3). Little inverter generators like the Honda EU2000i can be carried by one man, so a horse & cart should have no trouble. They are also very fuel efficient and extremely quiet.

    4). If you're staying with the 200 Amp hour 24 Volt idea, you'd probably only need a 1 kW generator for charging. It's a bit difficult to put a full charge into any sizable battery bank in just two hours. The fastest you'd want to charge a battery is usually C/8 - about 13% of the Amp hour rate. Could be dicey.

    Let's let some others get there ideas in here too! :D
  • BB.
    BB. Super Moderators, Administrators Posts: 33,478 admin
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    Re: Qs on buying battery systems for High Discharge rates

    If you can get diesel at a good price (vs a Honda eu1000i or eu2000i on petrol)... I wounder what is the smallest/quietest diesel you can find there?

    To make a good off-grid system--you really need to balances loads against the battery bank. Then match the charging sources against the battery bank.

    Too large of battery, it takes a lot of power to properly recharge it. Too large of genset (you should aim at 50% minimum electrical load from the charger/AC loads for best fuel economy) and you can use 2-4x or more fuel because of over-sizing.

    If you have AC loads--You might want to get a Kill-a-Watt (UK version) or equivalent. It will really help you measure your power requirements.

    AGM's are certainly the better choice for quick charge/discharge--but you have to size the rest of the equipment/wiring to manage those higher currents.

    -Bill
    Near San Francisco California: 3.5kWatt Grid Tied Solar power system+small backup genset
  • Tom_G
    Tom_G Registered Users Posts: 5
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    Re: Qs on buying battery systems for High Discharge rates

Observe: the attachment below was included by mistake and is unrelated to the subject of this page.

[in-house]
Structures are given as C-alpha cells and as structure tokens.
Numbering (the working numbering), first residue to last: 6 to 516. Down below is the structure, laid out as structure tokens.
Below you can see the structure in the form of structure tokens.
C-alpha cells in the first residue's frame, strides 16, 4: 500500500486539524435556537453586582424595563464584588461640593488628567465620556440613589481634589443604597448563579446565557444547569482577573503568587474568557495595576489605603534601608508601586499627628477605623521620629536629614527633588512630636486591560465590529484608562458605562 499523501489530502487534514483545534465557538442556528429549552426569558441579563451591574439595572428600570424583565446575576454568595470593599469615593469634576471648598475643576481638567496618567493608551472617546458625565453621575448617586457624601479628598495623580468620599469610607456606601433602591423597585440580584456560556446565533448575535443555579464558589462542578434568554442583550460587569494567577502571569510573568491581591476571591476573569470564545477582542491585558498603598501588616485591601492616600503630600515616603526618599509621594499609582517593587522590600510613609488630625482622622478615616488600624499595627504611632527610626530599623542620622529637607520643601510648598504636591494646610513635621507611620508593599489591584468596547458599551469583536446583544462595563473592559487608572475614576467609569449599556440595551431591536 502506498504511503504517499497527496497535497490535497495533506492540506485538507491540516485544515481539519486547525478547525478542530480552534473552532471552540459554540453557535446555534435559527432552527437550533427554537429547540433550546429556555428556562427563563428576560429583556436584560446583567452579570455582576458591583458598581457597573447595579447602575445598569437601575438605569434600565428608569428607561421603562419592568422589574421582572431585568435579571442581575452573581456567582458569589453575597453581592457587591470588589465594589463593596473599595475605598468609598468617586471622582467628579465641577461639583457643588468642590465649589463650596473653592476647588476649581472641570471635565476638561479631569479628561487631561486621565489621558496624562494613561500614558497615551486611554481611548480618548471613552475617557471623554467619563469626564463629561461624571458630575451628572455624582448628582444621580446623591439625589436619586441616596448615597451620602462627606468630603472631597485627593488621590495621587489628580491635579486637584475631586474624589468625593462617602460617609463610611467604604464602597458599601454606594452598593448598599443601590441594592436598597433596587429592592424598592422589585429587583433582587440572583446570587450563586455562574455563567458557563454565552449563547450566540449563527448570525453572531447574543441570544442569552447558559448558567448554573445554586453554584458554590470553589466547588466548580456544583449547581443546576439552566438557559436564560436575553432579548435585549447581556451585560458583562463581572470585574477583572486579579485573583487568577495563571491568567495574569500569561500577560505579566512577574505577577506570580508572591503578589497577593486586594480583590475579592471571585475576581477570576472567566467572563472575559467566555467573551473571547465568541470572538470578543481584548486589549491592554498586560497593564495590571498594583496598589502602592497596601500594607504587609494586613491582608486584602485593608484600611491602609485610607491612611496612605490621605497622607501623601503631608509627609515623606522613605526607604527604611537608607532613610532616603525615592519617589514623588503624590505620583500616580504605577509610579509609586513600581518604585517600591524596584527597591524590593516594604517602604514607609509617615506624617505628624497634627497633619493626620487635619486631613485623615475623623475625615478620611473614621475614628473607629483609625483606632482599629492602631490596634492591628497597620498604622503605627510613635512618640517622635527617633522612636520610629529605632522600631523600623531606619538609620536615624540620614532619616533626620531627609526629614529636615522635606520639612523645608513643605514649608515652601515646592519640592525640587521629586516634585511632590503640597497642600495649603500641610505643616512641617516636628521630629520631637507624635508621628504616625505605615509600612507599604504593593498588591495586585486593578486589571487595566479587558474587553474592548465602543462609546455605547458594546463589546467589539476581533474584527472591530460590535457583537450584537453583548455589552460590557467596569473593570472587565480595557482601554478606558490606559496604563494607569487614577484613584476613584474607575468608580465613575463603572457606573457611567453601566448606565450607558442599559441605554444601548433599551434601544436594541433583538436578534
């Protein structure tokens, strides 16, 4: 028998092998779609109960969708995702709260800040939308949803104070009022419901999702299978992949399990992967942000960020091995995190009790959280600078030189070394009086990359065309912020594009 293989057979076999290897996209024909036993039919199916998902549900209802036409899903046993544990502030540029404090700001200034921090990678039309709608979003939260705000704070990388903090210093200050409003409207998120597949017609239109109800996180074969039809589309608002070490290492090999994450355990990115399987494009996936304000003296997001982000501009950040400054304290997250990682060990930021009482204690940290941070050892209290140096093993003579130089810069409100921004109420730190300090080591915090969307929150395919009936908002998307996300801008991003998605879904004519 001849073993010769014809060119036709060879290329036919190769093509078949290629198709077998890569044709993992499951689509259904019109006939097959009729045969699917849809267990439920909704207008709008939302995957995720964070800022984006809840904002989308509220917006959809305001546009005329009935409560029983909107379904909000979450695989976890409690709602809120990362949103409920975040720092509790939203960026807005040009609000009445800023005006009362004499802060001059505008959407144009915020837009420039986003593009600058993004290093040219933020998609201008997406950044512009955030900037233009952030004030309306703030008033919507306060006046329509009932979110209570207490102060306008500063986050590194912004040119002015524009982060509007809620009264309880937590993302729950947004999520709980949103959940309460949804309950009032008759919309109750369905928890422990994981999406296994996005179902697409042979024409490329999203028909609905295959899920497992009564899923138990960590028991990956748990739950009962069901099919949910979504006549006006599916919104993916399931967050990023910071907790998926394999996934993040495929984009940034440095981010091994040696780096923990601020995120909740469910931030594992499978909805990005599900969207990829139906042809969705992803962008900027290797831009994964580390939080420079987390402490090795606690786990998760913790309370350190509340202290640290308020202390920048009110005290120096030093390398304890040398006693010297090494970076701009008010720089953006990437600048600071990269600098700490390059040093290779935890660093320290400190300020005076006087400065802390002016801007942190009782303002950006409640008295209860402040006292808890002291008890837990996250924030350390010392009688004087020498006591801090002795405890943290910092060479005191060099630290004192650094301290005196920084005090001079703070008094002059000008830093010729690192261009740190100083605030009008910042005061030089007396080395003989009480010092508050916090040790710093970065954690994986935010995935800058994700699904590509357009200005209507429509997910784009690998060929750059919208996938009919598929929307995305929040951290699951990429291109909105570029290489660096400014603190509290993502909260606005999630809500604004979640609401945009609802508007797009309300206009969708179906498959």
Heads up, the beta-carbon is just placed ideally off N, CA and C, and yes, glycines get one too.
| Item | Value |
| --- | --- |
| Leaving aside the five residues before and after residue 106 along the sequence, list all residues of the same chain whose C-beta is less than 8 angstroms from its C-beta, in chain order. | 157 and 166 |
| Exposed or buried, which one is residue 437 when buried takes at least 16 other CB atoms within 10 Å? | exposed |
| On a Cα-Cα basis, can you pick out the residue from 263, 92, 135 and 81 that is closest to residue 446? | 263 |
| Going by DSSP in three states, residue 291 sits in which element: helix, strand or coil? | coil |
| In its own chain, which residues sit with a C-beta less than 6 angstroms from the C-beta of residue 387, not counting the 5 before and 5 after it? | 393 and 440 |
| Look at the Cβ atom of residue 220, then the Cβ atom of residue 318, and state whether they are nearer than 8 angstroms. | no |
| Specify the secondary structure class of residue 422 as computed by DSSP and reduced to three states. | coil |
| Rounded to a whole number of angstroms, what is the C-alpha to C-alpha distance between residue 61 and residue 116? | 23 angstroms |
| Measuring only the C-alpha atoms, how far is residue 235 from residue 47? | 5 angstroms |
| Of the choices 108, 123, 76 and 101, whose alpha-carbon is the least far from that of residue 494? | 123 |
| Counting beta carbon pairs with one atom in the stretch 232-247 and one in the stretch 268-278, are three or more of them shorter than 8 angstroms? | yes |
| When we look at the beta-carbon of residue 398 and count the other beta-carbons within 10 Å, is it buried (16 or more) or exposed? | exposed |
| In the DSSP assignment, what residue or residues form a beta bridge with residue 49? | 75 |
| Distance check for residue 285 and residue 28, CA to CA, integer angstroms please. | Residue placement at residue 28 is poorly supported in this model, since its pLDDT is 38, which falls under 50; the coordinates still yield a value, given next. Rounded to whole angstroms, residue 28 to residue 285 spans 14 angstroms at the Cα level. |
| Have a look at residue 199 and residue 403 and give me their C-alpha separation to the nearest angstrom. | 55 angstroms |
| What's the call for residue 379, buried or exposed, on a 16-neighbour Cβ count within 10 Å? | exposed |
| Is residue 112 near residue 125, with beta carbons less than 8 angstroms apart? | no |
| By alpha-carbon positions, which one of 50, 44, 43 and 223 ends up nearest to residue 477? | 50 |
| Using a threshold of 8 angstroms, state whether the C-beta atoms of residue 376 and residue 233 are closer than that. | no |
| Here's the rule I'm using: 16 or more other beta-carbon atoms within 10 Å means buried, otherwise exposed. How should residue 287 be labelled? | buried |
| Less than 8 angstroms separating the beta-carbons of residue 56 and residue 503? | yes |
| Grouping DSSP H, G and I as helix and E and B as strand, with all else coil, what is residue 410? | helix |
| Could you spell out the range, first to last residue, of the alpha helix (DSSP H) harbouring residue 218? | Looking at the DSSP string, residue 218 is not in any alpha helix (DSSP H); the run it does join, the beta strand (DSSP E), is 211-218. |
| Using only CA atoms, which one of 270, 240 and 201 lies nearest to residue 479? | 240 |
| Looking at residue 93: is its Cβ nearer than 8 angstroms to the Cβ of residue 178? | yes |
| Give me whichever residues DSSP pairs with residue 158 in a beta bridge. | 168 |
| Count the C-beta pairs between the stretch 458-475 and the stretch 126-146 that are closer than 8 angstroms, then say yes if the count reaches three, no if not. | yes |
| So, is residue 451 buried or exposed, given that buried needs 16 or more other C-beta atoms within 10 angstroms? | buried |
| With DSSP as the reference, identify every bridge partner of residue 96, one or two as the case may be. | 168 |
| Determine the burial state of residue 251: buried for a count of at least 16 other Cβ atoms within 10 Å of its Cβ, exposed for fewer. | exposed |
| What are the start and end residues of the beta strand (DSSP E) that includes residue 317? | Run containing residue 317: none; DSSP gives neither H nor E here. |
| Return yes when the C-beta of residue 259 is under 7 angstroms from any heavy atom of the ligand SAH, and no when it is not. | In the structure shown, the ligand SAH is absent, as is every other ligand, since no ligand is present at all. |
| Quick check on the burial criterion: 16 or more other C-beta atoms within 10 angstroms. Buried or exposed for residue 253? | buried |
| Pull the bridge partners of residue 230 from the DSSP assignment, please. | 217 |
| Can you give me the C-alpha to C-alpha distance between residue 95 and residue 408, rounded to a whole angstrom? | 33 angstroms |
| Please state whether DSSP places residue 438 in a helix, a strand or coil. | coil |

What will be the effect of operating a half sine wave inverter on say ballasted CFLs be like? and do the Honda Generators have a built in Full sine wave output when operating on AC?
  • mikeo
    mikeo Solar Expert Posts: 386 ✭✭✭
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    Re: Qs on buying battery systems for High Discharge rates
    What will be the effect of operating a half sine wave inverter on say ballasted CFLs be like? and do the Honda Generators have a built in Full sine wave output when operating on AC?
    Tom, the generators they are referring to are called inverter generators that produce sine wave power and the motors have an eco mode where the motor only runs fast enough to provide the power required. They are perfectly save for inductive loads and sensitive electronics. On eco mode they can run many hours on a liter of fuel.
    Mike
  • mike95490
    mike95490 Solar Expert Posts: 9,583 ✭✭✭✭✭
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    Re: Qs on buying battery systems for High Discharge rates

    I'd take another look at the catalytic LPG heaters. Much more efficient than charging batteries and turning that into heat.

    catalytic LPG heaters = 98% efficient
    Generator charging batteries = 7% efficient. (engine =14%, battery charge=50%)

    As others said, auto throttle inverter generator is your best bet, in the 2,000w class, and you can get extended run kits to run off large gas tanks or propane.

    because of clouds and short days, solar is a poor choice - it needs direct sun.
    Powerfab top of pole PV mount | Listeroid 6/1 w/st5 gen head | XW6048 inverter/chgr | Iota 48V/15A charger | Morningstar 60A MPPT | 48V, 800A NiFe Battery (in series)| 15, Evergreen 205w "12V" PV array on pole | Midnight ePanel | Grundfos 10 SO5-9 with 3 wire Franklin Electric motor (1/2hp 240V 1ph ) on a timer for 3 hr noontime run - Runs off PV ||
    || Midnight Classic 200 | 10, Evergreen 200w in a 160VOC array ||
    || VEC1093 12V Charger | Maha C401 aa/aaa Charger | SureSine | Sunsaver MPPT 15A

    solar: http://tinyurl.com/LMR-Solar
    gen: http://tinyurl.com/LMR-Lister ,

  • BB.
    BB. Super Moderators, Administrators Posts: 33,478 admin
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    Re: Qs on buying battery systems for High Discharge rates

    If we assume a minimum of 2 hours of day of sunlight with a fixed array (the two-three months of winter can be down to 1.5 hours per day average--so plan on genset/reduced power output during winter):
    • 1,000 WH per day * 1/2 hours of sun per day * 1/0.52 system efficiency = 962 watts of solar panels minimum
    So--How does 1,000+ watts of solar panels look for your site (cost/impact wise)?

    For dead of winter, you will still need a genset/alternative power for your system.

    Also look at how you will use power--In general, there is quite a bit of losses every time you do a power conversion/transfer. It is possible that you may make "battery packs" for your users... Charge those directly on the solar system over several days, then swap with people going out in the field (camera battery, instrumentation, computer, etc.).

    It would not be unusual to have a 20-50% loss trying to quick charge devices from your solar battery bank, vs a 20% loss by charging directly from solar during the day.